Side two of this copy from our 2016 shootout provides a clear example of the effect known as the “The Violin That Ate Cincinatti.”
Yes, it may be oversized, but it’s so REAL and IMMEDIATE and harmonically correct in every way that we felt more than justified in ignoring the fact that the instrument could never sound in the concert hall the way it does here — unless you were actually playing it (and even then I doubt if it would be precisely the same sound — big, but surely quite different)(more…)
We were impressed with the Speakers Corner pressing when it came out back in the day. We’ve come to learn that it is such an exceptional recording that even their second rate remastering of it was still capable of producing a very good sounding record.
One of the ways you can tell how great a recording this is is simply this: as soon as the needle hits the groove you are immediately involved in the music, listening to each of the lines created by the five preternaturally gifted players, all the while marveling at Schubert’s compositional skills.
That’s what a good record is supposed to do. That’s supposedly why we’ve dumped so much money into all this fancy equipment. Because if you have records like this, and the equipment (fancy or otherwise) to play them, you will find yourself being transported to the musical space of the performance in a way that other recordings (read: Heavy Vinyl) simply will not allow you to be.(more…)
Both sides of this promo London Blueback pressing of piano and cello music have SUPERB sound. If you’re a fan of the cello, the piano, or chamber works in general, you will have a hard time finding a better sounding recording than this.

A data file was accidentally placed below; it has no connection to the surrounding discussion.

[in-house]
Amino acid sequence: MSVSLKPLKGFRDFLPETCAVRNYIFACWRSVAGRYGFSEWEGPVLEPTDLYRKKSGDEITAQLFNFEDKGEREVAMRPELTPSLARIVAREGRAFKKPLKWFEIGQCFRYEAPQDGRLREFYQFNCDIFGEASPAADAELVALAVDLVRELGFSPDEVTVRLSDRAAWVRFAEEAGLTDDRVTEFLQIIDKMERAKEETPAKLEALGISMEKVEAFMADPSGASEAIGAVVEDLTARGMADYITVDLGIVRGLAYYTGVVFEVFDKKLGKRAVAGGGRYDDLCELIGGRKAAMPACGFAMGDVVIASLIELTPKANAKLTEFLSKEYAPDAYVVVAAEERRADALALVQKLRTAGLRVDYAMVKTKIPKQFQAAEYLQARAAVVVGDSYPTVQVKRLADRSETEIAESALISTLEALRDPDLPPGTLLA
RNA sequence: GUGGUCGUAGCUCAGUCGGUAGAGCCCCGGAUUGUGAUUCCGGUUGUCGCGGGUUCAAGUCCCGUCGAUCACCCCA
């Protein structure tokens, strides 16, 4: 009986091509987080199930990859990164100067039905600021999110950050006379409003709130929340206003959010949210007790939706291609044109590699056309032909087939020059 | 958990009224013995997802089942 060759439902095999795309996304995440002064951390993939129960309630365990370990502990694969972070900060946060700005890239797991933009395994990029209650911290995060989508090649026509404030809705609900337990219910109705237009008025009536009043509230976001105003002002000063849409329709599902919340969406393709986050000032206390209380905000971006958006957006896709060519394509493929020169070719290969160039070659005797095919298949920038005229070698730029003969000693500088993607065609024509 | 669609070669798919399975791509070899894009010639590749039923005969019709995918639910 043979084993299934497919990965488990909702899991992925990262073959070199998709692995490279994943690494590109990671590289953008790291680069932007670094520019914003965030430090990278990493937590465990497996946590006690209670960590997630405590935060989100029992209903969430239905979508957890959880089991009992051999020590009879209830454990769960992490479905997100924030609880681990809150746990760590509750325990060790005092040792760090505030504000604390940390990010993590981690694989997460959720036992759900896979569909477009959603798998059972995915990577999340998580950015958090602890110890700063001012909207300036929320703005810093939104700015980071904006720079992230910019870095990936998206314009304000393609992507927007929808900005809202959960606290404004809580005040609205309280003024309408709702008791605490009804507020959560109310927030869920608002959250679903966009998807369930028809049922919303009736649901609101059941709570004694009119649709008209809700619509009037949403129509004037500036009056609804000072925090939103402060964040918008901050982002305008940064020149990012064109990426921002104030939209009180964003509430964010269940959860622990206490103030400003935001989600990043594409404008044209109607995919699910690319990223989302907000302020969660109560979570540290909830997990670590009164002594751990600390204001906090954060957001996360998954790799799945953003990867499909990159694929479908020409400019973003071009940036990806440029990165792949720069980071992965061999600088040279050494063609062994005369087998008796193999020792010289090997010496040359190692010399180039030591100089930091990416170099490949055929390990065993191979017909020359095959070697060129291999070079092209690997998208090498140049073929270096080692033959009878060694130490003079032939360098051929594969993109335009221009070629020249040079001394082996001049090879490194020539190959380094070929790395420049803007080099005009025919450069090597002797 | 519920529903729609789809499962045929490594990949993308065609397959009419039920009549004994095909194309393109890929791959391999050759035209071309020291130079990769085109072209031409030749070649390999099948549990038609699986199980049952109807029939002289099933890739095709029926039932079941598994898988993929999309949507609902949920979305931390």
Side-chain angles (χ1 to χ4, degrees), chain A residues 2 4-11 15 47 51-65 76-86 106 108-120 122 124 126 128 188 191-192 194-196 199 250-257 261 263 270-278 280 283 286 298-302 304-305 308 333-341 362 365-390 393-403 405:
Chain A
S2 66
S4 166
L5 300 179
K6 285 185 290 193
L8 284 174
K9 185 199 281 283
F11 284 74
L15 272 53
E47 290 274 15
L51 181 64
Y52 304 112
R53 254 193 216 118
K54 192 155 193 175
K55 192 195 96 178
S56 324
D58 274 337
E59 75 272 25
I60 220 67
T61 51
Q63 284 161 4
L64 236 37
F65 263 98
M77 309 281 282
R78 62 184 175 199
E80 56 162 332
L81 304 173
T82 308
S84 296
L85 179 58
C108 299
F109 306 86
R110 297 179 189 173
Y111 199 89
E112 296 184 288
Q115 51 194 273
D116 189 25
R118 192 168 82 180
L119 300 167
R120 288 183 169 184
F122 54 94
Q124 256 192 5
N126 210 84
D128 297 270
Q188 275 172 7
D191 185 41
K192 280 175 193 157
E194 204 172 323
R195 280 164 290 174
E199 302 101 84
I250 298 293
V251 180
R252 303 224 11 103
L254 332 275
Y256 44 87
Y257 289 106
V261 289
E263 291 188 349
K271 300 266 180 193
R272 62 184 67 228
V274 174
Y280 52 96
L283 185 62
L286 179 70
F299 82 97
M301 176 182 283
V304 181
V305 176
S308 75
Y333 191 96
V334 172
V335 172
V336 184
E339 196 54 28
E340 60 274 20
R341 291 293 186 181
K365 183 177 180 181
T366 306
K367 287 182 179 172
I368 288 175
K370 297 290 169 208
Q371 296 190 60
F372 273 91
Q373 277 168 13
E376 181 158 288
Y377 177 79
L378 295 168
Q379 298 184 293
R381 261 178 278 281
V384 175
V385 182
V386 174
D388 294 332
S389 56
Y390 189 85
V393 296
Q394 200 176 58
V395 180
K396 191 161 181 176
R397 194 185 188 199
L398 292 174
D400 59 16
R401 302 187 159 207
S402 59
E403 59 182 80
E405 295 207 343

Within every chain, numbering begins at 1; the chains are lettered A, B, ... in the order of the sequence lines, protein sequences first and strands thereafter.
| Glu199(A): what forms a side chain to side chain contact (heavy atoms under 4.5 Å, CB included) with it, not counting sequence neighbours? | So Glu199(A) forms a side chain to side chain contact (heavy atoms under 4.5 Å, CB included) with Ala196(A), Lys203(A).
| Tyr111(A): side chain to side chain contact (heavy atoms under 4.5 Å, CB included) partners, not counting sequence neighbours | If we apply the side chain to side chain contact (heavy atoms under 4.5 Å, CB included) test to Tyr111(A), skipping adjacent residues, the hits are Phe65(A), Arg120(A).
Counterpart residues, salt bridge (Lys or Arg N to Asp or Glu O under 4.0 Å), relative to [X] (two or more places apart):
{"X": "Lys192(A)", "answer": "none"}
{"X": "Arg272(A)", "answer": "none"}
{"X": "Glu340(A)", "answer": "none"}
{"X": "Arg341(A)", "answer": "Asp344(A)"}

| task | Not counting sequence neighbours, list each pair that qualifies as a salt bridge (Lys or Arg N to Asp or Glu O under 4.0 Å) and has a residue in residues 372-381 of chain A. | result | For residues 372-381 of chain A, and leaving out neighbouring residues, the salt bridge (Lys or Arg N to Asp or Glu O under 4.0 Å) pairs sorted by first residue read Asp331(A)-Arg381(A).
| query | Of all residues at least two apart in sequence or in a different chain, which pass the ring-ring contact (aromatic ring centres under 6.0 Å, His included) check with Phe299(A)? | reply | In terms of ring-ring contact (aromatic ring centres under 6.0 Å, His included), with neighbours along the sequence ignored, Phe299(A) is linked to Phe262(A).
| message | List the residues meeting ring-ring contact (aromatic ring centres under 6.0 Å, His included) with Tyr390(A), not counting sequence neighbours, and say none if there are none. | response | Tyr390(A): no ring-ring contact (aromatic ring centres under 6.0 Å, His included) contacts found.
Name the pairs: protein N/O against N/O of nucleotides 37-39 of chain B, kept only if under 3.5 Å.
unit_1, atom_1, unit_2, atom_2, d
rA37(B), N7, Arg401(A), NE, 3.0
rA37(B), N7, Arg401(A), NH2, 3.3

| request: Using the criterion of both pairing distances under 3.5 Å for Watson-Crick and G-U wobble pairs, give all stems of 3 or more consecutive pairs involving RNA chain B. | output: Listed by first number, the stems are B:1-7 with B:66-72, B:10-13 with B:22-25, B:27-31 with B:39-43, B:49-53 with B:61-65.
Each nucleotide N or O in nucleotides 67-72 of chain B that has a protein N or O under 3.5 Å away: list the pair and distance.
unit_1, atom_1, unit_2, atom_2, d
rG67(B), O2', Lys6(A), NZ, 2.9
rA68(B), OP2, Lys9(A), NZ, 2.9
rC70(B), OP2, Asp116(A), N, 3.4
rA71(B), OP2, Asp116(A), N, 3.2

Notice especially that there is practically no smear on the piano — the notes are clear, with their transients fully intact, something one rarely hears anywhere but in the live setting. The tonality of the piano is also correct from top to bottom.
But the real surprise here is how unusually natural the cello sounds — more like the real instrument and less like the typical recording of it.
Normally when recording the cello the microphones are placed fairly close to the instrument. This often results in what’s known as the “proximity effect”, which simply describes a boost in the lower frequencies relative to the more linear response of the microphone when placed at a distance.
The famous Starker cello recordings on Mercury — you know the ones, the orginals and even the reissues sell for hundreds and hundreds of dollars — suffer from this effect, which audiophiles seem to prefer. (The Mercury heavy vinyl reissues, at least the ones I played, were ridiculously fat and bloated in the bottom. Audiophiles did not seem to mind much, judging by the apparently strong sales and the rave reviews I read. Bass shy systems, and that means most of the systems owned by audiophiles, probably benefited from the bass boost. Systems with lots of large woofers — at least in our case — would of course make the sound of these pressings positively unbearable. That indeed was our experience.)(more…)
3S/ 4S RCA Shaded Dog. The sound is actually quite decent when you INVERT the ABSOLUTE PHASE. If you cannot or will not do that, this record will not sound good — it’s somewhat hard and bright. It will never be a Top Shaded Dog but it is a good one with the absolute phase inverted.